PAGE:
Before the films and stage adaptations, the story of Dr. Jekyll and Mr. Hyde was written and published as a novella by Scottish author Robert Louis Stevenson in 1886. It is said that the author drew inspiration from a dream to spin the now-famous tale. Many claim that it was real-life killers who implanted such ideas in his mind.
In some accounts, it is claimed that Stevenson drew inspiration from his friendship with Eugene Chantrelle, who was convicted and executed for the murder of his wife. Chantrelle appeared to lead a normal life: he was a French teacher at the private Newington Academy, living in Edinburgh. He married his pupil Elizabeth Dyer, but from the start, the marriage was not a happy one. In August 1877, he took out a £1000 life insurance policy against her accidental death. She was found unconscious on the morning of January 2, 1878, and later died in the hospital, with traces of opium found on her nightgown. The death was suspected to be criminal in nature, and Chantrelle was tried and convicted of murder by poison. Stevenson was present throughout the trial and noted that as "the evidence unfolded he found himself, like Dr Jekyll, 'aghast before the acts of Edward Hyde'." It was believed that the teacher had committed other murders both in France and Britain by poisoning his victims at supper parties, all the while leading an unassumingly regular life.
It has also been claimed that Stevenson was inspired by his memories of real-life killer Deacon Brodie. Brodie was a Scottish cabinet-maker by trade, also serving as Edinburgh city councilor and Deacon of the trades guild. His work was well known within Scotland-- Stevenson even had a bookcase and chest of drawers made by Brodie in his room when he was young. The wealthy, respectable and rather unassuming gentleman, however, led a secret life. Brodie indulged heavily in drinking, gambling, cockfighting, partying, and took at least two mistresses. At night, he transformed into a burglar, obscuring his face and often robbing friends and acquaintances. When captured, Brodie took the stand at his trial as the well-mannered, upstanding gentleman he portrayed in his daily life. When questioned or confronted with the details of his crimes, he simply smiled as if he had been an indifferent spectator.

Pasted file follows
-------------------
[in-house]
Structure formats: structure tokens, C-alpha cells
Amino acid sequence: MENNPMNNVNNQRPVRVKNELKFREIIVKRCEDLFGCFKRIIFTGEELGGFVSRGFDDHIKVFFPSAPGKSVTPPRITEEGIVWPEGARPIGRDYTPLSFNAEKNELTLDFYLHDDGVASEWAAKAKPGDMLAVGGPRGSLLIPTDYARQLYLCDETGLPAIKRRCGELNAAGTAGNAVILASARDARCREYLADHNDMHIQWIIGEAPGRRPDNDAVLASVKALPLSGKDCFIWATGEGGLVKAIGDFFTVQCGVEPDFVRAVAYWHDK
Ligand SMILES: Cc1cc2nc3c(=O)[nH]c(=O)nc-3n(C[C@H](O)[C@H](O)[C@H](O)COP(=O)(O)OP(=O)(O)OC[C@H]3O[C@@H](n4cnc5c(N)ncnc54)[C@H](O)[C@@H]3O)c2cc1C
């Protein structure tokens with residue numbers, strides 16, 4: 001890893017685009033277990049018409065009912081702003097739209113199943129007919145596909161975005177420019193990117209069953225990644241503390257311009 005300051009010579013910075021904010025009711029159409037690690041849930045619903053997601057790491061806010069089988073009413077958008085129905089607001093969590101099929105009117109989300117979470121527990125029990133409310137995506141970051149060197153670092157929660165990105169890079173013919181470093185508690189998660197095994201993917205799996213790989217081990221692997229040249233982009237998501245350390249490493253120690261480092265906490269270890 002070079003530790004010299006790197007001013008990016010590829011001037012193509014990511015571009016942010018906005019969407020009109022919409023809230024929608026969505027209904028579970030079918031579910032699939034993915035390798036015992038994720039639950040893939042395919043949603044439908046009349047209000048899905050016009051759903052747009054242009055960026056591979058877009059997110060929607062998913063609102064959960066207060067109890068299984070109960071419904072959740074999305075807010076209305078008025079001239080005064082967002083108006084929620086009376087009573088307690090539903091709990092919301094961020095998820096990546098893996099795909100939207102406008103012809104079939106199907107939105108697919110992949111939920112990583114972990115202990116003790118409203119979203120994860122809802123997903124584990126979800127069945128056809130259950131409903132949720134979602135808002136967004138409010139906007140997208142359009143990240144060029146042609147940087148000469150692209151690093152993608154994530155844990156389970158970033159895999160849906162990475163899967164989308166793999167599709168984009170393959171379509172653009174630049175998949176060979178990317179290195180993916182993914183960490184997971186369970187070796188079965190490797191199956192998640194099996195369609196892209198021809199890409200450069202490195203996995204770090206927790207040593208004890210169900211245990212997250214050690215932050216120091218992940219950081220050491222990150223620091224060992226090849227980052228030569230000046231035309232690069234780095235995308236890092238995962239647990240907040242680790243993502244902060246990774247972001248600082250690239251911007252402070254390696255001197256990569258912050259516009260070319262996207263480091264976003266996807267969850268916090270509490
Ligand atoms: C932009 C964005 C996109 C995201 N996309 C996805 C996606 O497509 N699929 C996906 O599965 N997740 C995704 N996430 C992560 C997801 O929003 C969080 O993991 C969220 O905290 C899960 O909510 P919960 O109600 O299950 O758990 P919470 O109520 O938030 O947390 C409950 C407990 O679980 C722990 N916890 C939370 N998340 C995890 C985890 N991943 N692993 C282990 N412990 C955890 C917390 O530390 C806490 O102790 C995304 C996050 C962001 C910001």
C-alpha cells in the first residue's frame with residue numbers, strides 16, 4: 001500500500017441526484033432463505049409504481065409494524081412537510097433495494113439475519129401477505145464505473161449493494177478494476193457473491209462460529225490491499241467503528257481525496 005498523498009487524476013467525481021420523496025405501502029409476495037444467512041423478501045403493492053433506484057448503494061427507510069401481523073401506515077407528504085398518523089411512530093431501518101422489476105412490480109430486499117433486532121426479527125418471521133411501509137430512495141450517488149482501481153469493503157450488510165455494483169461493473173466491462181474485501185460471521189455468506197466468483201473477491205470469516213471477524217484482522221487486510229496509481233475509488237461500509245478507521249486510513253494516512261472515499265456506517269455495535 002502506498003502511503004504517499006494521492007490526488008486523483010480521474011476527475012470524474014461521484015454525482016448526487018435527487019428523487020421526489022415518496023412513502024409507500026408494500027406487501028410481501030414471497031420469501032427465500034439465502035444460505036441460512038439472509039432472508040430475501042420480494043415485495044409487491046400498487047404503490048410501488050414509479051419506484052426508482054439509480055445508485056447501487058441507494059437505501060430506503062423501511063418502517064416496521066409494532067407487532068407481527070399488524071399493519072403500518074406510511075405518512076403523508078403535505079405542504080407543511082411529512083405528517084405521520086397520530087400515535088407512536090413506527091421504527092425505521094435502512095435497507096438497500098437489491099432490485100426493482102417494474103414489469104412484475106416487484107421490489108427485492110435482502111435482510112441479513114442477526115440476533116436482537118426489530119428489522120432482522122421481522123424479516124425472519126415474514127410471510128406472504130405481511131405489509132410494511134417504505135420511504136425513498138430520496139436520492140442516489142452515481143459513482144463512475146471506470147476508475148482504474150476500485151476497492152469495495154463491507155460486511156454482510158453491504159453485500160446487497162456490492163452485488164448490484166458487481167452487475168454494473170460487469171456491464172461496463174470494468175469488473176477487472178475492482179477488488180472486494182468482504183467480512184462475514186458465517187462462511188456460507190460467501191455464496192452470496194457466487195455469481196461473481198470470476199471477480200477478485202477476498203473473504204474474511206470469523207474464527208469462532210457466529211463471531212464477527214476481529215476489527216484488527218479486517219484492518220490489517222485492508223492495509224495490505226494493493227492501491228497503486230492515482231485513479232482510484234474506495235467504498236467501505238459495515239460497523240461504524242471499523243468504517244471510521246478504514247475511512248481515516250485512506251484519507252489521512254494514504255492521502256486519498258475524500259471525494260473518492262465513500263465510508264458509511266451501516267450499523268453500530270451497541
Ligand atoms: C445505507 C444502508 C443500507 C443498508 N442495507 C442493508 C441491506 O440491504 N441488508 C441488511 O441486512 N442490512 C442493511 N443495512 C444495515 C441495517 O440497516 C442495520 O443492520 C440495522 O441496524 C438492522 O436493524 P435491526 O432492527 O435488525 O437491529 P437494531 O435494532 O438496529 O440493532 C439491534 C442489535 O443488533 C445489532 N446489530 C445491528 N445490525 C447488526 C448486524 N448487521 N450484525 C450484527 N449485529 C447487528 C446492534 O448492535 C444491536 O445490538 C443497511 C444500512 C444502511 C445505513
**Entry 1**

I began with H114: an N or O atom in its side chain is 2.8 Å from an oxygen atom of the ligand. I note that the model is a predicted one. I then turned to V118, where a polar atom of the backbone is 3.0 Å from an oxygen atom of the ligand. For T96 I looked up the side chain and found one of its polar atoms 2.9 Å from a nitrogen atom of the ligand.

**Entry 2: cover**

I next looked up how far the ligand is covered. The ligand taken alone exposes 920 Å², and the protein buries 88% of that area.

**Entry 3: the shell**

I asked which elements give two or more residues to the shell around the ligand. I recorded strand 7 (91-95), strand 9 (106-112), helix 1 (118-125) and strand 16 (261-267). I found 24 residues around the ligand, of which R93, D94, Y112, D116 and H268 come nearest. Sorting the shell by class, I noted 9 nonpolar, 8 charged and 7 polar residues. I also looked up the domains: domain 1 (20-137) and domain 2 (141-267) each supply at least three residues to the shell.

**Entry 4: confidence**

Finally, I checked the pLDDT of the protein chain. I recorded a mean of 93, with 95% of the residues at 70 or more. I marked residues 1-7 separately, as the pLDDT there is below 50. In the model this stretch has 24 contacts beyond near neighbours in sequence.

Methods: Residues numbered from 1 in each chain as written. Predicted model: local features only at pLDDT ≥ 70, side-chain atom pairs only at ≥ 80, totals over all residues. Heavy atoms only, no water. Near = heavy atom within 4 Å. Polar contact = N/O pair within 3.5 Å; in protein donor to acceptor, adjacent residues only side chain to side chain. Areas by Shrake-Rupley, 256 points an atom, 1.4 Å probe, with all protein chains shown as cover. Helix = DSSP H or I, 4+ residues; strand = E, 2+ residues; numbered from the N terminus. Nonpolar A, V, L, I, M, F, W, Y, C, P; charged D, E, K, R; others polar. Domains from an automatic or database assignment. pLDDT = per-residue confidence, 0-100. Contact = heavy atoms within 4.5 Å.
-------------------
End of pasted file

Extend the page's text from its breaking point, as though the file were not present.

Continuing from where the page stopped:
In truth, the idea for Dr. Jekyll and Mr. Hyde came to Stevenson in a dream. Stevenson’s wife was awoken one night as her husband fought with a fitful nightmare. She woke him only to be met with discontent, as the author claimed that he “...was dreaming a fine bogey tale” and hadn’t wished to be disturbed. He immediately took to writing his tale based on the nightmare. Stevenson's stepson, wrote: "I don't believe that there was ever such a literary feat before as the writing of Dr Jekyll. I remember the first reading as though it were yesterday. Louis came downstairs in a fever; read nearly half the book aloud; and then, while we were still gasping, he was away again, and busy writing. I doubt if the first draft took so long as three days."Stevenson did, in fact, write the first draft in a matter of days, though after turning it over to his wife for critiques, he scrapped the version and rewrote the entire story again in less than a week. The work was first sold for one shilling in the U.K. The first American edition was published on January 5, 1886. Scribner's published 3,000 copies, with 1,250 of them bound in cloth. Initially, stores did not stock it until a favorable review appeared in The Times, but within the next six months, close to 40,000 copies were sold. Stevenson’s story of the battle of good and evil, and the duality lurking within human nature, is frequently referenced and interpreted to this day. Shop this first Grosset & Dunlap edition now.